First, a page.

From O.J. Simpson to Trayvon Martin

DoubleThinkNot writes:

I am 52 years of age, reside in the South, and find myself more and more concerned about the direction of our country. My particular worry is about the mass immigration of non-Western non-whites, on top of the already volatile racial relationship between American whites and blacks, and the handwringing by too many white people as to the (white) causes of the many woes of the black population. Because of the sensitivity of the subject matter, for the time being, I shall use the pseudonym “DoubleThinkNot.” Due to the nature of the stories that I plan to write for my new website, I am concerned about the problems my family may experience, therefore the fake name.

One of my moments of awakening (likely the key moment) to the severity of the situation facing our country took place in 1995. I had a black friend who was a thoughtful, educated man, or at least he seemed to be on the surface. He was a co-worker, and we had worked together for about a year. During that time we had become fairly close friends (very close as co-workers go). Twenty-five years before we met, he attended a highly respected university. I state this to let you get a picture of the man.

My friend and I were at work together on the day the verdict came in from the O.J. Simpson trial. As soon as the verdict was announced he started dancing and cheering. I had already become extremely dismayed at the fact that this, supposedly educated man, a man I cared for, would believe that O.J. was framed. When he celebrated the acquittal, I was stunned. My good friend had just celebrated the acquittal of an obvious murderer. He was not just happy about the not guilty verdict. He was ecstatic. I could never reconcile this event with the loving, caring man I thought I knew. He actually told me that the reason blacks were happy about the not guilty verdict, was that it was payback for past wrongs done them by whites . It was obvious to all white people that this was the way blacks felt, but for this man to embrace that idea seemed outlandish. He saw this reaction by blacks as logical. I saw it (by white standards) as, borderline insane.

My reason for mailing you today involves the Zimmerman/Martin case. In the court proceedings for the Zimmerman/Martin case this morning, the judge didn’t recognize George Zimmerman standing in the court room. It may be nothing, but I found it peculiar. The video is here. The moment in question begins at the 33 second mark. I also discuss it at my website and give several theories as to why the judge did not recognize Zimmerman

LA replies:

About your story about your black co-worker and the Simpson verdict, what effect, if any, did this incident have on your friendship?
DoubleThinkNot replies:
In answer to your question about my friend, I lost respect for him. As I said, I was stunned. From that point forward I questioned his judgement, and began to ask him more questions. I found out that he believed that Europeans had stolen civilization, as well as a plethora of scientific inventions, from the black man. I now know this to be a part of Black Liberation Theology (Reverend Wright’s religion). I had heard these ridiculous statements from radicals like Louis Farrakhan, but never from someone I thought to be normal and sane, and surely never from a friend. In my friend’s mind (judging from the beliefs he shared with me), white people were the most evil people in the history of the world. My thinking was that with him harboring such opinions of white folks, how could he possibly care about me, and my family, or any white person. I eventually distanced myself from him.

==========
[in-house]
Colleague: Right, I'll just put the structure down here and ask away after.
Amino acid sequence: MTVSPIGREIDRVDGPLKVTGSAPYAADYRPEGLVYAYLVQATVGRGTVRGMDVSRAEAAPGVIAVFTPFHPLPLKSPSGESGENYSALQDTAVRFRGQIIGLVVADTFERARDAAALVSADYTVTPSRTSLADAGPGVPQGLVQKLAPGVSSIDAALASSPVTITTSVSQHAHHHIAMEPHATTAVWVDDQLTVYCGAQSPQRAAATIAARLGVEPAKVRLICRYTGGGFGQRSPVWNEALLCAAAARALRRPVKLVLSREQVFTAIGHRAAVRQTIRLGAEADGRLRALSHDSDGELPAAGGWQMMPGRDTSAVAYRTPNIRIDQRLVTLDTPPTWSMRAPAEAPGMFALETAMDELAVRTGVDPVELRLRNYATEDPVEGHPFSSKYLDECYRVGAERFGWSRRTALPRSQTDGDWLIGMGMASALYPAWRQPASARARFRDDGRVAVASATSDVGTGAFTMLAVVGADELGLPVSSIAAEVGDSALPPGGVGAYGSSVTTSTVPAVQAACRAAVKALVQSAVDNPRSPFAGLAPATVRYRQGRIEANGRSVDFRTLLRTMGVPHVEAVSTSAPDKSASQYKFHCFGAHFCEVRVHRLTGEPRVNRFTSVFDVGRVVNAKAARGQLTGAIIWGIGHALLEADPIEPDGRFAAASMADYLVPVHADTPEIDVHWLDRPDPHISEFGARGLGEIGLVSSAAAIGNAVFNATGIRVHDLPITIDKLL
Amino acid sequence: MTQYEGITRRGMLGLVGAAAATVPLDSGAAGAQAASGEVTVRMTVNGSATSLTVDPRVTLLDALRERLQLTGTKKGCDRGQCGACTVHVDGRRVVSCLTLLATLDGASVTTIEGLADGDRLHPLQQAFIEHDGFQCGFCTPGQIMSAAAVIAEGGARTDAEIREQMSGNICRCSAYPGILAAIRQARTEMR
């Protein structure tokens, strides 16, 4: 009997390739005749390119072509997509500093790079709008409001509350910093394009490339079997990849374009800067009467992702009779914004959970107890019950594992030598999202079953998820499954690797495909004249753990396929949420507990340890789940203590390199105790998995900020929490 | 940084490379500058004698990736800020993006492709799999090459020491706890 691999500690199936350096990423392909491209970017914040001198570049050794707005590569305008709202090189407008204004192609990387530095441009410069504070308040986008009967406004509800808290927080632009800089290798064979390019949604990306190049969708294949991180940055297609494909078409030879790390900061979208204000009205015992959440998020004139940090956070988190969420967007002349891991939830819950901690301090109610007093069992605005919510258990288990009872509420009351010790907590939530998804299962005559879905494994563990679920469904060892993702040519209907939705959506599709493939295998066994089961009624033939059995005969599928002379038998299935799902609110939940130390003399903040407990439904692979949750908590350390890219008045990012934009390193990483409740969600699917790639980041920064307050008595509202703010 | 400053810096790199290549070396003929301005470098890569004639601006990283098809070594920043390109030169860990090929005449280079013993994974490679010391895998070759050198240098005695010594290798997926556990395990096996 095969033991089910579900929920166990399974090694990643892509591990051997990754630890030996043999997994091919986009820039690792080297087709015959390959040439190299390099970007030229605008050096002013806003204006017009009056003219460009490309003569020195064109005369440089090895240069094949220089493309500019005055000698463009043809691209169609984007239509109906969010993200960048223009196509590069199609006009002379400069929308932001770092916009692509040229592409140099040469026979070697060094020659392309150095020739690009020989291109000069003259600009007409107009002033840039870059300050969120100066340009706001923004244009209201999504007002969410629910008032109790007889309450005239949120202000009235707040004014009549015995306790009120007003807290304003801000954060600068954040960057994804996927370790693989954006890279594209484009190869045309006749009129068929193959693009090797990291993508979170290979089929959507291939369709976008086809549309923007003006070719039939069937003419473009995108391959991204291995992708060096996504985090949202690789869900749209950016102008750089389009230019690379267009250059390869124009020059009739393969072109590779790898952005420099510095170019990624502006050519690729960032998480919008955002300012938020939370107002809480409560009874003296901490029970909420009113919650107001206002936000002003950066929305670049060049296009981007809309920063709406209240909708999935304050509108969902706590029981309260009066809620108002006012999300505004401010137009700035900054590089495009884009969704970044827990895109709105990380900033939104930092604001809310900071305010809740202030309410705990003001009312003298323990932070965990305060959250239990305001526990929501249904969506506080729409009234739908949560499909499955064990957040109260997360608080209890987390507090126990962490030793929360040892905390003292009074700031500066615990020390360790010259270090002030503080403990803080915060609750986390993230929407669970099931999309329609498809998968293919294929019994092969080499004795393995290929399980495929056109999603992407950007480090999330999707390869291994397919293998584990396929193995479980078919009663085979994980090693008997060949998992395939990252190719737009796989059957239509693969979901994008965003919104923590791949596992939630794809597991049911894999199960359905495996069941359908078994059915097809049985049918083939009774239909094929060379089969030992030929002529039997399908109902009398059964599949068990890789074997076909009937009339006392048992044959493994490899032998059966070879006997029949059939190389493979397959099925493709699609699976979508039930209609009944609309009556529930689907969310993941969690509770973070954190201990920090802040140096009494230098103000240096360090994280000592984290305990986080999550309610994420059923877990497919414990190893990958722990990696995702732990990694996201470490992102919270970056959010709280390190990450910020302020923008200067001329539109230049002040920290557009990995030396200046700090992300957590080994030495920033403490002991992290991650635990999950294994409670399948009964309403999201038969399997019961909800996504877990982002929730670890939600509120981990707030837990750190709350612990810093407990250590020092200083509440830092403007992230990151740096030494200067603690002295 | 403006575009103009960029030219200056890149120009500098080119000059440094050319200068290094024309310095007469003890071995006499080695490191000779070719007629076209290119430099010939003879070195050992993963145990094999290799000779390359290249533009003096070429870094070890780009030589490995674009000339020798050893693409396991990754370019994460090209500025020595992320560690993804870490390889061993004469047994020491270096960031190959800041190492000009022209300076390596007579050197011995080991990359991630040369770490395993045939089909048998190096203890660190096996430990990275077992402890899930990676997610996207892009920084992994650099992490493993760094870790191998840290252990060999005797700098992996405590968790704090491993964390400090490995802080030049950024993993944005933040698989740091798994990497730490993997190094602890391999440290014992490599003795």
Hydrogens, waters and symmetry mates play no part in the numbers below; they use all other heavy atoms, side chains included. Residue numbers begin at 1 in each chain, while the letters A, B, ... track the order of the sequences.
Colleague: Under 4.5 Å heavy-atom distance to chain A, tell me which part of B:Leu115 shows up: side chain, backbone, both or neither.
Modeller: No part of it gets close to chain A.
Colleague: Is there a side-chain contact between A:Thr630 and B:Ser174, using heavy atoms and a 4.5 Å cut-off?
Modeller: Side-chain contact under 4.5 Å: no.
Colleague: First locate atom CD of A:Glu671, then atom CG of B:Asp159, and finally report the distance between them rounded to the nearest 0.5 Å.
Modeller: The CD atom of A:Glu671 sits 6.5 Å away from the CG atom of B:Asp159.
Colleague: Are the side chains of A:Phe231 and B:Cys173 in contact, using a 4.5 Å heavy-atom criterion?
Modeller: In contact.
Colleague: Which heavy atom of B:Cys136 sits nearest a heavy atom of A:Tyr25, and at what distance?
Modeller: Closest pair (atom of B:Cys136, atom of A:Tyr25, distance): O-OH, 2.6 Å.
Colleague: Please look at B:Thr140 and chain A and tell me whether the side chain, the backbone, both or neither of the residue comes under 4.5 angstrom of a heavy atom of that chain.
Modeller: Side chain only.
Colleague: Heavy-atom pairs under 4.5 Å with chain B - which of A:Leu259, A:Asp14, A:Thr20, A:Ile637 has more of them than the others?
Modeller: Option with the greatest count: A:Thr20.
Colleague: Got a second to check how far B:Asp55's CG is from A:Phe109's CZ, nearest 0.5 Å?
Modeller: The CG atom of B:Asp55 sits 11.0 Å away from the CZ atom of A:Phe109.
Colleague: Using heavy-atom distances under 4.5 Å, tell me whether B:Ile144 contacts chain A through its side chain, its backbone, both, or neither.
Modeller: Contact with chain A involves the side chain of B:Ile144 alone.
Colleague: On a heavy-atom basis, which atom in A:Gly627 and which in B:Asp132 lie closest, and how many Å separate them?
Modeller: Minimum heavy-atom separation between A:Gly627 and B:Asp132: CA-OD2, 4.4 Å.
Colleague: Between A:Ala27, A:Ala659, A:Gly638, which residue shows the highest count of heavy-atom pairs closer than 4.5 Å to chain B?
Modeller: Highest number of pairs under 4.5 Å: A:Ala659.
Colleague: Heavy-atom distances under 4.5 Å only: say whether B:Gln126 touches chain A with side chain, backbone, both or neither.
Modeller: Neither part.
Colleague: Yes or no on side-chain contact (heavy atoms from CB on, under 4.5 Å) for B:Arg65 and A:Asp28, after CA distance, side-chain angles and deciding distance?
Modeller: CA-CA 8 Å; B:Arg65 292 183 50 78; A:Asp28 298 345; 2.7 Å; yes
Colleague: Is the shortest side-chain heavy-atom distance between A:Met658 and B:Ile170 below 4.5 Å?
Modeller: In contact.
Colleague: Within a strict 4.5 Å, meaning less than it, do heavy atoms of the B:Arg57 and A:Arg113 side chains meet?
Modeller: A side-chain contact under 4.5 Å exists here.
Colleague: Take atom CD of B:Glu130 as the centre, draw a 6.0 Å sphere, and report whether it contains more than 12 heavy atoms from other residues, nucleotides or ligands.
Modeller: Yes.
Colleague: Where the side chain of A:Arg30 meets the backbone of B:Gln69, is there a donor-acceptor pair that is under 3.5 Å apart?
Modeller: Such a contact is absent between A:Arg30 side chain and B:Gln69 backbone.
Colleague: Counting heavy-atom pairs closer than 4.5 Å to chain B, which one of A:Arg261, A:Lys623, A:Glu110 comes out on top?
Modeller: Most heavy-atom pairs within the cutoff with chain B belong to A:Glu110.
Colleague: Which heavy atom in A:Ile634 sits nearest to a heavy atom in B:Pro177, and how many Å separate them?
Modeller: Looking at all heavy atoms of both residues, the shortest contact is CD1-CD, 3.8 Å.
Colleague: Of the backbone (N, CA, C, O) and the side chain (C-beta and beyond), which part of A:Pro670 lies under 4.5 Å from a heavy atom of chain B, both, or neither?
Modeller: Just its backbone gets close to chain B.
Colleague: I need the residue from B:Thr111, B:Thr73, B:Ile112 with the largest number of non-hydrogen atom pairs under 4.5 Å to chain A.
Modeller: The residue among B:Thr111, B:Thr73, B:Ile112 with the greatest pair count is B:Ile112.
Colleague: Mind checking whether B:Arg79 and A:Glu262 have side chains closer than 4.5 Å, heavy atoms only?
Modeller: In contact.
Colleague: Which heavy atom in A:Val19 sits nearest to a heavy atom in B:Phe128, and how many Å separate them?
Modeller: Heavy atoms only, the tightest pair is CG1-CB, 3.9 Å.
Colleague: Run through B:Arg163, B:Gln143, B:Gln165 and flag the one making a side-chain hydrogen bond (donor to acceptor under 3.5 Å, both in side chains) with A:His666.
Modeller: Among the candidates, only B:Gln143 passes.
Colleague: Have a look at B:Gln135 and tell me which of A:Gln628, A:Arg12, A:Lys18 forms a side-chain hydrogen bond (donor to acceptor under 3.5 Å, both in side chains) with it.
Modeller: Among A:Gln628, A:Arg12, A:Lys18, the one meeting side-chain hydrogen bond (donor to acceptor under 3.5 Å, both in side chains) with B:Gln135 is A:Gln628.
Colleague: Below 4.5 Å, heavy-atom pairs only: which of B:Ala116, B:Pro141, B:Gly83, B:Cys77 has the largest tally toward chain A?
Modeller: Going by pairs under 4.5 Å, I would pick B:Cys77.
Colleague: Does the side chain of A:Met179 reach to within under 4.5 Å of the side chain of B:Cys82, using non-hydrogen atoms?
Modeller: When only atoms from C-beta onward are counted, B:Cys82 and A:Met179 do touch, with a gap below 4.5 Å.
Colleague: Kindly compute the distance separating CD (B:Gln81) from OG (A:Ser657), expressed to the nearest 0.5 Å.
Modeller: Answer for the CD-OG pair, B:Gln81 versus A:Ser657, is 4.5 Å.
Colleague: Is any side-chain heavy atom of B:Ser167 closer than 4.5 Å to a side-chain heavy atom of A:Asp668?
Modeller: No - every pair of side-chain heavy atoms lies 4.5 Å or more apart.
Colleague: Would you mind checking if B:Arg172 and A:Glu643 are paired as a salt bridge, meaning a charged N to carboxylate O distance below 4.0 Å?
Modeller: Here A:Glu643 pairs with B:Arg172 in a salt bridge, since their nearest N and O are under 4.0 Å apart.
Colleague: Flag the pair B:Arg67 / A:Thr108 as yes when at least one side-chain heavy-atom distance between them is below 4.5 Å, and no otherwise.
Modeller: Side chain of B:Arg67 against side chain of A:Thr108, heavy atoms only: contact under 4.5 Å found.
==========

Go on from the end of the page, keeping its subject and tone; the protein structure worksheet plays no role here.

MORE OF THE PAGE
- end of initial entry -

May 18

LA writes:

I think that the reader’s experience is fairly representative. A white person has a friendly relationship with a black person, and thinks his black friend is normal and sane. But then at some point the black friend reveals what he really thinks about whites, and his beliefs are so irrational and hateful that a friendship with him becomes impossible. I am not saying that this is true in all cases, but in many cases. One of the lessons is that if a white person wants to maintain a pleasant and respectful social or professional relationship with a black person, he must keep the relationship very superficial, so as not to find out what the black really thinks.

Of course, what I’ve just said would only apply to normal, i.e., non-liberal, white people. Your average white liberal would not be offended by a black friend who thought that O.J. Simpson was framed by police, or who danced in joy at Simpson’s acquittal, or who thought that whites had stolen black civilization. Yes, 17 years ago white liberals were shocked at blacks’ collective ecstasy over Simpson’s acquittal; but white moral and intellectual surrender to blacks has progressed a great deal since then.

Posted by Lawrence Auster at April 13, 2012 07:53 PM | Send

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